• Principle of fair value 

Some items, such as investments, may be recorded at fair value.  

  • Principle of sincerity 

According to this rule, every accounting team or accountant hired by a firm must present the most impartial, truthful financial report. 

  • Principle of objectivity 

Financial statements should be free from bias.  

  • Principle of matching 

Revenue and expenses should be matched in the period they are incurred.  

  • Principle of periodicity 

This principle mandates that accountants only report financial data within the appropriate accounting period. 

  • Principle of materiality 

Only items that are material, or have a significant impact on the financial statements, should be included.  

Compliance with GAAP 

Although it sometimes goes unnoticed by many business owners, GAAP compliance is essential in drawing investors to any firm. To ensure compliance with GAAP, all businesses must keep accurate and up-to-date financial records. These records must be under GAAP. Businesses must also disclose any material information that could impact financial statements. Failure to comply with GAAP can result in civil or criminal penalties. 

If a company’s stock is traded publicly, the SEC regulations must be followed by its financial statements. To continue to be publicly listed on stock exchanges, publicly traded U.S. corporations are required by the SEC to provide GAAP-compliant financial statements regularly. A suitable auditor’s opinion obtained through an external audit by a certified public accounting (CPA) company ensures GAAP conformity.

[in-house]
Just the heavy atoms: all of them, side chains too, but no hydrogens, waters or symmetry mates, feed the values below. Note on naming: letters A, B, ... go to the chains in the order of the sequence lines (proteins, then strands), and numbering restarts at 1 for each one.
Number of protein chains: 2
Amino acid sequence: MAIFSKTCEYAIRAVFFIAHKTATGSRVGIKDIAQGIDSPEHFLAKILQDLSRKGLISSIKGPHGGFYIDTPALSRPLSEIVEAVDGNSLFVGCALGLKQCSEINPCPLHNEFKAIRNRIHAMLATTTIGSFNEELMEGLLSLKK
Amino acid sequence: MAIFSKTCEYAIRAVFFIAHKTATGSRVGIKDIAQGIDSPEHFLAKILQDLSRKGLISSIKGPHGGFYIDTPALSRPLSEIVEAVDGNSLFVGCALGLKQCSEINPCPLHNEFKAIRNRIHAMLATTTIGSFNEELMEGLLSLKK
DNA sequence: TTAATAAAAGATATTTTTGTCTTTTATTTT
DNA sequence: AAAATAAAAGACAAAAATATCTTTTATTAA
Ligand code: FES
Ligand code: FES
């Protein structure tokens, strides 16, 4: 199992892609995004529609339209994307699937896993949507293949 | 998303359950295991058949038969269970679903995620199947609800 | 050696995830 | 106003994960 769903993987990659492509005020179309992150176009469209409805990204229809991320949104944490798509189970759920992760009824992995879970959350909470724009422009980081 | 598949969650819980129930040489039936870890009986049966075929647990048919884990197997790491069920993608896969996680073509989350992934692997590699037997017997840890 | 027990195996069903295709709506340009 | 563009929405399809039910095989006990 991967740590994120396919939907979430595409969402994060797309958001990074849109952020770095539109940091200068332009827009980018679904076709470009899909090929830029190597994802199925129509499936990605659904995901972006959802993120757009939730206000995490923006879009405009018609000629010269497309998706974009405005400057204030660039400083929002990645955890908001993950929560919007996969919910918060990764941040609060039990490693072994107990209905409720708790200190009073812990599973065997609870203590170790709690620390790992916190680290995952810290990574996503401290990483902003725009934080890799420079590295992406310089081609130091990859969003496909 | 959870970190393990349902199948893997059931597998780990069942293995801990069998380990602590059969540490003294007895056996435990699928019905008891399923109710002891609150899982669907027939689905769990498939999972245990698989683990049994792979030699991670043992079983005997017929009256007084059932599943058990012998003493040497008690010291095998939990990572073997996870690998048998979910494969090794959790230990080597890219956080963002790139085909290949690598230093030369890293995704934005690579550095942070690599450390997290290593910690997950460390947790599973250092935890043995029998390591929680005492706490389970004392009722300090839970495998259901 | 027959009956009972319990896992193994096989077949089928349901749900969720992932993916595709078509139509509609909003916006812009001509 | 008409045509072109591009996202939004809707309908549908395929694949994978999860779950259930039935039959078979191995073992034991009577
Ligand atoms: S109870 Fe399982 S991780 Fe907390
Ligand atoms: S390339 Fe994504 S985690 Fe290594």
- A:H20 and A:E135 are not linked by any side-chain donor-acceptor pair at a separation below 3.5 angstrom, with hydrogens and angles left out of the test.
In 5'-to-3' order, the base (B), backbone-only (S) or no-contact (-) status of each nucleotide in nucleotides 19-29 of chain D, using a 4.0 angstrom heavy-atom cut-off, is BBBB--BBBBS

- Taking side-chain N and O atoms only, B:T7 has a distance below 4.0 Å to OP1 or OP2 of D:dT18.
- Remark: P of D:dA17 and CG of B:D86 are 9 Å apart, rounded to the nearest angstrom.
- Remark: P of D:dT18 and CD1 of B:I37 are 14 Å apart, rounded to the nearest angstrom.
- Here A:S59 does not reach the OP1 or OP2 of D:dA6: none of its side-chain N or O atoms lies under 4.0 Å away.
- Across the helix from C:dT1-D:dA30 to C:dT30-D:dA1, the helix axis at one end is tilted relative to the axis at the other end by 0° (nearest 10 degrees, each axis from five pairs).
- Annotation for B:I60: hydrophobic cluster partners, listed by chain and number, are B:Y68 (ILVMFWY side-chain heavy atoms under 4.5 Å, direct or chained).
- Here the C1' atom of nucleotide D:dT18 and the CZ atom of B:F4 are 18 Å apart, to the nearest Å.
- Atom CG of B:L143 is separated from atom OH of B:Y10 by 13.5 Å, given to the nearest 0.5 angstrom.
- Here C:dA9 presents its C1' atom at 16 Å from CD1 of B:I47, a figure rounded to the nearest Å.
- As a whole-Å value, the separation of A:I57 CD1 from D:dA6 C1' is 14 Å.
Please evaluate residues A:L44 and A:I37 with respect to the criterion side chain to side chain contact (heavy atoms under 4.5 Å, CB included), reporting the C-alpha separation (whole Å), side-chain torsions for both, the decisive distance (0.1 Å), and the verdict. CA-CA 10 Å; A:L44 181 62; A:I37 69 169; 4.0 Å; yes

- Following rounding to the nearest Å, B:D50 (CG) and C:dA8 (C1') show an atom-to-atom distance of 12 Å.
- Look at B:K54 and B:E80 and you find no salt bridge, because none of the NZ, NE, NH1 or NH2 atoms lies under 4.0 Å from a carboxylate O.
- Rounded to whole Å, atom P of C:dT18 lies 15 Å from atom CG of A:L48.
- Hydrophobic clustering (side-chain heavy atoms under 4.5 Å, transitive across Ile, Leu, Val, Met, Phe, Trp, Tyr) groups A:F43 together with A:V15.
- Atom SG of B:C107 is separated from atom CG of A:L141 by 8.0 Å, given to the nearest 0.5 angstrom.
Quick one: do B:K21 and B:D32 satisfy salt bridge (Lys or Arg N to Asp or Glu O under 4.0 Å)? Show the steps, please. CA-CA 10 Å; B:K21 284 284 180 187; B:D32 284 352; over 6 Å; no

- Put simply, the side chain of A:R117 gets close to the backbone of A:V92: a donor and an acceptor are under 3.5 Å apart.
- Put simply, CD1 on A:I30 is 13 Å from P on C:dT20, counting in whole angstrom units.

Thus, being GAAP compliant implies that your financial records have been kept to enable investors, lending organisations, potential customers, etc., to make an informed choice about your business. 

Frequently Asked Questions

The Governmental Accounting Standards Board (GASB) and FASB created the US GAAP used for governmental and non-profit accounting. 

GAAP is important because it provides investors and stakeholders with a consistent framework for evaluating a company’s financial health. The 10 basic principles of GAAP ensure that financial statements are prepared consistently, with caution, and with all material information disclosed. This allows investors to make informed decisions about whether or not to invest in a company. 

Financial statements are prepared and reported using GAAP. GAAP is the cornerstone of the FASB’s extensive collection of authorised accounting procedures. 

 

Non-GAAP measures are financial measures that are not calculated per GAAP. Companies usually use these measures to give a more accurate picture of their financial performance. 

Non-GAAP measures include adjusted pro forma and core earnings. Non-GAAP measures are not necessarily bad, but investors should know how they are calculated and what they exclude. Companies should also be transparent about their use of non-GAAP measures. 

 

There are a few key differences between IFRS and GAAP.  

  • First, IFRS is a more principles-based approach, while GAAP is more rules-based.  
  • IFRS allows for more flexibility in financial reporting, while GAAP is more rigid. 
  • IFRS is used more internationally, while GAAP is used primarily in the United States.  
  • IFRS is constantly evolving, while GAAP is more static.